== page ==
Inside USD

Rashmi Chugani, Peru

Tuesday, January 31, 2012

The University of San Diego’s annual All Faith Service is Thursday, Feb. 2 at 12:15 p.m. in Shiley Theatre. The campus community comes together for a diverse experience through faith traditions. Several USD international students will serve as flag-bearing representatives of their respective countries. Inside USD chose five students and asked them to share insights about their home country and their USD experience.

Where were you born?

I was born in Lima, Peru, the country’s capital.

How long have you lived in Peru? Do you visit during school breaks? Will you return to live there after you finish school?

I have lived in my country for 21 years now. I still live in Lima during school breaks; however, I hope that I can get a job in San Diego or anywhere in the United States after I graduate because I would like to live here.

What are some fond memories of Peru?

My fondest memories revolve around my school years. Unlike Americans, Peruvian students often go from kindergarten to grade 12 with the same class. That is, we do not divide elementary from middle school and then from high school. I knew all of my classmates for 13 years and we became really close.

How different is Peru now than 10-15 years ago?

Lima used to have a very developed capital city, but with very rural and poor provinces throughout the rest of the country. There is still some inequality today, but it is definitely less. Provinces have advanced technologically in the past 15 years and Lima has become a much more cosmopolitan city.

Can you share some cultural thoughts about Peru?

Spanish is our main language and it dominates media, education and politics. Food depends on the area of Peru, but having grown up in Lima, seafood is very popular. Geographically, Peru is very diverse. We have the Pacific coast, Andes Mountains and Amazon in a country that’s the size of Texas. Peru has its own traditional music that also depends where you are, but the international music scene is popular, too. Soccer is huge in Peru because, like any other Latin American country, we love our team. There’s not a lot of diversification of sport because soccer is so huge. Peru is filled with historical sites. The Incan Empire chose Peru as its epicenter and, thus, created many sites to worship their gods until the 16th century when the Spanish came in and conquered the land. Machu Picchu, in the province of Cuzco, is the most famous site. It’s an entire city made of stone in the midst of a much-vegetated area. Economically, Peru is best known for exporting potatoes. The vegetable originally comes from Peru and we have more than 3,000 kinds of potatoes.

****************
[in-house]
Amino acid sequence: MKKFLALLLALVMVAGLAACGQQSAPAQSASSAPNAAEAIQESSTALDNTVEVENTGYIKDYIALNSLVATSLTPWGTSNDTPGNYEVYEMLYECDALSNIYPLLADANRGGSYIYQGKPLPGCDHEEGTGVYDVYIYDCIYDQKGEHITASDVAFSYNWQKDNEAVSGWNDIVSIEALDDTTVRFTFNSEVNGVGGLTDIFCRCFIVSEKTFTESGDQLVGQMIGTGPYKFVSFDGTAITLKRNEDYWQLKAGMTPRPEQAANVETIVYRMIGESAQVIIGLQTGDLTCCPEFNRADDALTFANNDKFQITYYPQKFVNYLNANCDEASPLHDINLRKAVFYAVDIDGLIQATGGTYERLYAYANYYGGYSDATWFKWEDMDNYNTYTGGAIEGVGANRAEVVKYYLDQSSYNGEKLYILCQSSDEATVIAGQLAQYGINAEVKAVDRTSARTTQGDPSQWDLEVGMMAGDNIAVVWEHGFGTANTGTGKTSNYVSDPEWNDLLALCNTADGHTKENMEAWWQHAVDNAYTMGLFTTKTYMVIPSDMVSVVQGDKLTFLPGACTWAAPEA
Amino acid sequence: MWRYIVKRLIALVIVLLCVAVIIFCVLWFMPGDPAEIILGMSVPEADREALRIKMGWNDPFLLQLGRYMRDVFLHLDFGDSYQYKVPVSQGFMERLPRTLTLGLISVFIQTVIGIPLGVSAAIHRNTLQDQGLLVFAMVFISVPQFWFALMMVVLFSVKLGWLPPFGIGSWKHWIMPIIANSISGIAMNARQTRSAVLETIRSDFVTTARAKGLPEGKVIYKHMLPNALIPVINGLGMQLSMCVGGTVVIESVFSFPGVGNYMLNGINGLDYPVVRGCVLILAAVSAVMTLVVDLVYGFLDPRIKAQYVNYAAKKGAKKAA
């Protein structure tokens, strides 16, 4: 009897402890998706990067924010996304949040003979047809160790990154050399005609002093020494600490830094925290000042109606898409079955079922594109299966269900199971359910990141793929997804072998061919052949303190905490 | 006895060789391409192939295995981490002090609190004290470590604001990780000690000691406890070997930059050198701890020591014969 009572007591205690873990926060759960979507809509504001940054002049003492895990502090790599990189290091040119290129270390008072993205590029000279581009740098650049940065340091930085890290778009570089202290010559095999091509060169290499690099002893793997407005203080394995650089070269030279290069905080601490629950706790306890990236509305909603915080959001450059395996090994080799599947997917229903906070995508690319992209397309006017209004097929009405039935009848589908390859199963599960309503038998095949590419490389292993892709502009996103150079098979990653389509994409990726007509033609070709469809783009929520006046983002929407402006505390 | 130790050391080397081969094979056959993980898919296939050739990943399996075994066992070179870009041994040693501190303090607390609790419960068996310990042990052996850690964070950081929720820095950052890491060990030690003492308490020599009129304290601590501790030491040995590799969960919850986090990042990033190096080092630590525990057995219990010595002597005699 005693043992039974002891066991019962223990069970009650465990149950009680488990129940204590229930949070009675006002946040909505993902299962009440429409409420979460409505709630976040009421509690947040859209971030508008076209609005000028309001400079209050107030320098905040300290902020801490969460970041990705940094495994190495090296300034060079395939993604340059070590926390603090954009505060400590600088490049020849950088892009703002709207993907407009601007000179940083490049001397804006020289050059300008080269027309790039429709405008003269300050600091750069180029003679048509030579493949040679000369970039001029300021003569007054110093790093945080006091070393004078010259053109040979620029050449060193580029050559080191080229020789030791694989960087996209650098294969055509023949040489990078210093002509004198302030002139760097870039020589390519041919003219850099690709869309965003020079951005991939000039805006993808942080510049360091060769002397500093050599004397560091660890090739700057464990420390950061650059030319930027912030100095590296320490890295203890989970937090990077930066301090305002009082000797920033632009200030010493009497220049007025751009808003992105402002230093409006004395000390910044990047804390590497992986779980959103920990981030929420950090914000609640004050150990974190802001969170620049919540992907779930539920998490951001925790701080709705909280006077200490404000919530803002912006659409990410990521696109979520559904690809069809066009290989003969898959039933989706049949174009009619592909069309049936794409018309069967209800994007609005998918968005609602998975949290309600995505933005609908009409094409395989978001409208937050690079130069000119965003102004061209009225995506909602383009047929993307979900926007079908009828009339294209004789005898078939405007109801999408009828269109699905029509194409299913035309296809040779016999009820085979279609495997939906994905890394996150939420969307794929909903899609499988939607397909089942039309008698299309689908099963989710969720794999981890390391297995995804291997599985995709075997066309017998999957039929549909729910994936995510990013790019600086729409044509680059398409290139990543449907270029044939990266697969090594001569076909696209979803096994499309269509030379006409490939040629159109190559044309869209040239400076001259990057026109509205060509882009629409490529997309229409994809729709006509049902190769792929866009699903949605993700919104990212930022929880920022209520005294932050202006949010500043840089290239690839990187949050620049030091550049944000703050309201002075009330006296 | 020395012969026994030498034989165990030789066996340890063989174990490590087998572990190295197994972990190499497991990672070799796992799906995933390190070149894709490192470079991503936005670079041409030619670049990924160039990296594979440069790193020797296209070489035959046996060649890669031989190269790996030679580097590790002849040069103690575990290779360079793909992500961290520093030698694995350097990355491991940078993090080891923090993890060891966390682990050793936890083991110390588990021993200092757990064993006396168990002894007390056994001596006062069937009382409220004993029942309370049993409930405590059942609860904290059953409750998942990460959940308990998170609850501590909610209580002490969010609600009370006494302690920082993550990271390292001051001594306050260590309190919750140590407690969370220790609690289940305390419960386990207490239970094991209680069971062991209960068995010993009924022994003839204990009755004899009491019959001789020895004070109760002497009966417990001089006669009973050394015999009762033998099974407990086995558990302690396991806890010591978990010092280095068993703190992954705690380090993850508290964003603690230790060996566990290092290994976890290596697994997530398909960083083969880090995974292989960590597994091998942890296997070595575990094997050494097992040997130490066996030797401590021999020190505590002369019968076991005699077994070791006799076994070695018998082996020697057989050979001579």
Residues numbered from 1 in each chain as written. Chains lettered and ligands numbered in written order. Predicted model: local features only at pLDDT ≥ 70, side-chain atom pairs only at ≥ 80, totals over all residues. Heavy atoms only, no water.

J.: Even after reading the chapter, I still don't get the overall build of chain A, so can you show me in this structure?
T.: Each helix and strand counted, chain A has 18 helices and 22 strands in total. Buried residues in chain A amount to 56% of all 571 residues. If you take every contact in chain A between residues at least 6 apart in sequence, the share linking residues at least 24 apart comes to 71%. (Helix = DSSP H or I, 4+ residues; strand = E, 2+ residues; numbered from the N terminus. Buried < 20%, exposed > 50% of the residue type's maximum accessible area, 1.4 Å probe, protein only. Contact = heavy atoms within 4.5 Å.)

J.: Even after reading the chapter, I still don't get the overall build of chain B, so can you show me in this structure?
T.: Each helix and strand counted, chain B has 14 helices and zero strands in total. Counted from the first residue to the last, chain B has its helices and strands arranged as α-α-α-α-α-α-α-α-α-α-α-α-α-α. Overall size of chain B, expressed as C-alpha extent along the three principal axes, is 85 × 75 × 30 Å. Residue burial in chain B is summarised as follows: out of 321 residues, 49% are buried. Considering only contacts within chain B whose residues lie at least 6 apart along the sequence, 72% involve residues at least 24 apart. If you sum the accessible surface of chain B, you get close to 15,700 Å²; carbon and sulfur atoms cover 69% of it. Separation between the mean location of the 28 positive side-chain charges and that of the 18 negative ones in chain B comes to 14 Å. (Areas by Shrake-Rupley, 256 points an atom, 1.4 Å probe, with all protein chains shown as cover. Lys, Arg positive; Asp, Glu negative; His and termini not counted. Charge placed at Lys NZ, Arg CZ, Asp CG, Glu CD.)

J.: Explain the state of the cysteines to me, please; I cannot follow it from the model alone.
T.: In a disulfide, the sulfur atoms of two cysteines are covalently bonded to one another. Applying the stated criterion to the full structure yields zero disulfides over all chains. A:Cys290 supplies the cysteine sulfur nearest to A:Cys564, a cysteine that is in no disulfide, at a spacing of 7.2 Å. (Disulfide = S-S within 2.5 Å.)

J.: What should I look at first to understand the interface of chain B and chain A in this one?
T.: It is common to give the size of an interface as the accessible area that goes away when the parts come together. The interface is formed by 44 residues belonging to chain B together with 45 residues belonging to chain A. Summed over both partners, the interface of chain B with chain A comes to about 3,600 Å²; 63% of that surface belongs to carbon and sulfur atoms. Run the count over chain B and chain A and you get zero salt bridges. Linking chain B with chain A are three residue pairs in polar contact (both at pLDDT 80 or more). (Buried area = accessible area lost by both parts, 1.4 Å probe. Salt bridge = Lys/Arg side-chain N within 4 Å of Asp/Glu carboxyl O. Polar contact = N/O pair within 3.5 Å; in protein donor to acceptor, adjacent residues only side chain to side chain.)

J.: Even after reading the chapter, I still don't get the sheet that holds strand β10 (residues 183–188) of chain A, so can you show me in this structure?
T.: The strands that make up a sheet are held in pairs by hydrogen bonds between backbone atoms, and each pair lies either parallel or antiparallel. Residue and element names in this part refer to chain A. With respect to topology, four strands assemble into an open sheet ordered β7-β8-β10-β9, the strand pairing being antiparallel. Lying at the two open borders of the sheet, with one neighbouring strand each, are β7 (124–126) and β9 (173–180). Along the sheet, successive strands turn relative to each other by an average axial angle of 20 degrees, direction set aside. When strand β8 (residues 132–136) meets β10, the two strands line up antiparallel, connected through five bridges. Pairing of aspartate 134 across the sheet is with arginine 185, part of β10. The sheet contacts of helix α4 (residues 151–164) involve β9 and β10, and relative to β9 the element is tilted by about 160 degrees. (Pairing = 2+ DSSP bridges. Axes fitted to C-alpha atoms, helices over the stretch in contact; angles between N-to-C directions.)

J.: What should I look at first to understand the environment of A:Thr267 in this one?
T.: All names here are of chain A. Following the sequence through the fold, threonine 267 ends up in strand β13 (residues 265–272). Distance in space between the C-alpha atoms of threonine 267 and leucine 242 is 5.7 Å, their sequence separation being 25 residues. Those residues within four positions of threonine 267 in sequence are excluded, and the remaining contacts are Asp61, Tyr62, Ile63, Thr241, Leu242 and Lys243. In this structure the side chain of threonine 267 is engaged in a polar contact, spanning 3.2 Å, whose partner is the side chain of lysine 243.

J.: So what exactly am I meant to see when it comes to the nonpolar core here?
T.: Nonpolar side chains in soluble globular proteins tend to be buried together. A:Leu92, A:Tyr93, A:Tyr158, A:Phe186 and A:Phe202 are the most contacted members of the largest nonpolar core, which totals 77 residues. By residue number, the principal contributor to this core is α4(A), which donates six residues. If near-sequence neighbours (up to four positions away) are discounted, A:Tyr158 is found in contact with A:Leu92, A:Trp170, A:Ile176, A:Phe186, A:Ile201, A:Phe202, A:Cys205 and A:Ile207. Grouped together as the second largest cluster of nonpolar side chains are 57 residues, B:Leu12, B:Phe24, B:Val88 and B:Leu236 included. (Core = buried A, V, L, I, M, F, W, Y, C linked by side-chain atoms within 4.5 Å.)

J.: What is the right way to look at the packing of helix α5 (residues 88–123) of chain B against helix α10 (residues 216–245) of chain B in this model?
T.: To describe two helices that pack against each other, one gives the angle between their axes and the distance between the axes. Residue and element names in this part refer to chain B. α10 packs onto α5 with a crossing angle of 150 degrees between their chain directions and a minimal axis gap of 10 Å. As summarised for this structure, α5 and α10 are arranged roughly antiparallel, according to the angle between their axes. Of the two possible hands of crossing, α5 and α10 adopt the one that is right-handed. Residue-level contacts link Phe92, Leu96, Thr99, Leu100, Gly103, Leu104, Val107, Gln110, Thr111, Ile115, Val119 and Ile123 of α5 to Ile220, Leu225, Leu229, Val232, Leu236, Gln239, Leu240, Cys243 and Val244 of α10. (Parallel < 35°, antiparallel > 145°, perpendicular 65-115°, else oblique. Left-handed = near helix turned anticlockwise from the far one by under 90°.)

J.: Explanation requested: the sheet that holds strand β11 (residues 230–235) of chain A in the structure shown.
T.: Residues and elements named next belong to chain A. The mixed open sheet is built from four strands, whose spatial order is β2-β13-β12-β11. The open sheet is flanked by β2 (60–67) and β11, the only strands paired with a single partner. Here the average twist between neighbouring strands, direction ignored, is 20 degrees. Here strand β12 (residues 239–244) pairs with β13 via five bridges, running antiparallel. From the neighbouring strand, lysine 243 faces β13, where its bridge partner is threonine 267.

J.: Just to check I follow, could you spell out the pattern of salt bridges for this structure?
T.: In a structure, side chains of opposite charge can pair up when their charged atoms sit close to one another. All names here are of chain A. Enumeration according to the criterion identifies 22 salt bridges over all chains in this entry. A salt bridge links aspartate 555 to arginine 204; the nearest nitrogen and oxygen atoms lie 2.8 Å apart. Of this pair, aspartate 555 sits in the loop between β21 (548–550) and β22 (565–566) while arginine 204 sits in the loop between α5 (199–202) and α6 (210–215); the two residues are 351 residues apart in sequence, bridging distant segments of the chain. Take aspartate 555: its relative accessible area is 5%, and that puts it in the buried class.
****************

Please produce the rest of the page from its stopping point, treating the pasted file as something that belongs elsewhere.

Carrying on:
If you were a tour guide for others visiting Peru, where would you take them?

I’d split the tour up into the coast, the sierra and jungle. In the coast I would spend a few days in Lima to cover the capital and its history. We would then go to Cuzco to see Machu Picchu and the Andes. We’d then head to the Amazon and end the tour in the jungle.

What’s a misconception people have about Peru?

I think the main misconception is how students underestimate American influence. Peru, like other countries, is heavily exposed to American media, cinema, music and food. Many Peruvians are learning English to further business relations with the United States.

How did you hear about USD? Major?

I first heard about USD through my orthodontist. His daughter went here and graduated in 2010. I went to a college fair in Lima and spoke to Maria Malloy, who was there to recruit international students. I am a junior, majoring in political science and French and minoring in Latin American Studies.

Describe your experience at USD?

I’ve had a great experience at USD. I think I adjusted really well, partly because I immediately befriended my roommates and neighbors when I was a freshman. I like being an international student because I can relate to others coming from abroad and going through the same adjustment process. USD has always been great at providing any sort of assistance to students. I’ve never felt alone here.

What are your thoughts about American culture? Has your adjustment been difficult?

I’ve learned so much from American culture. While there are some aspects I’d change, I can honestly say I’ve become more disciplined in the U.S. People here are hard working, appreciate effort and are respectful of time. This was different in Peru where the society is much more laid back. It hasn’t been a difficult adjustment because I have loved living away from home. I love Peru, but being on my own has enabled me to explore my persona and my interests. In Peru, people usually don’t leave home for university and continue living with their parents until they’re married or in their late 20s. I decided as a teenager that I didn’t want that lifestyle because I knew there were better options available. Leaving home was primarily a way for me to grow and explore. To help my adjustment in San Diego I’ve kept close friendships. I’ve taken time to foster relationships because I want each one to be meaningful. I have American and international friends and I feel close to both. I’ve already had three friends come to Peru and visit me during different school breaks. The biggest help in my adjustment has come through my friends.

The All Faith Service is a chance to represent Peru and carry your flag. How do you feel about being a part of this event?

Representing Peru allows me to create a personal bond between my two homes. Carrying the flag is a symbol that USD cares about the world and that every student feels comfortable in this amazing learning environment.

Describe Peru in one sentence:

A chaotic, but charming, work in progress.

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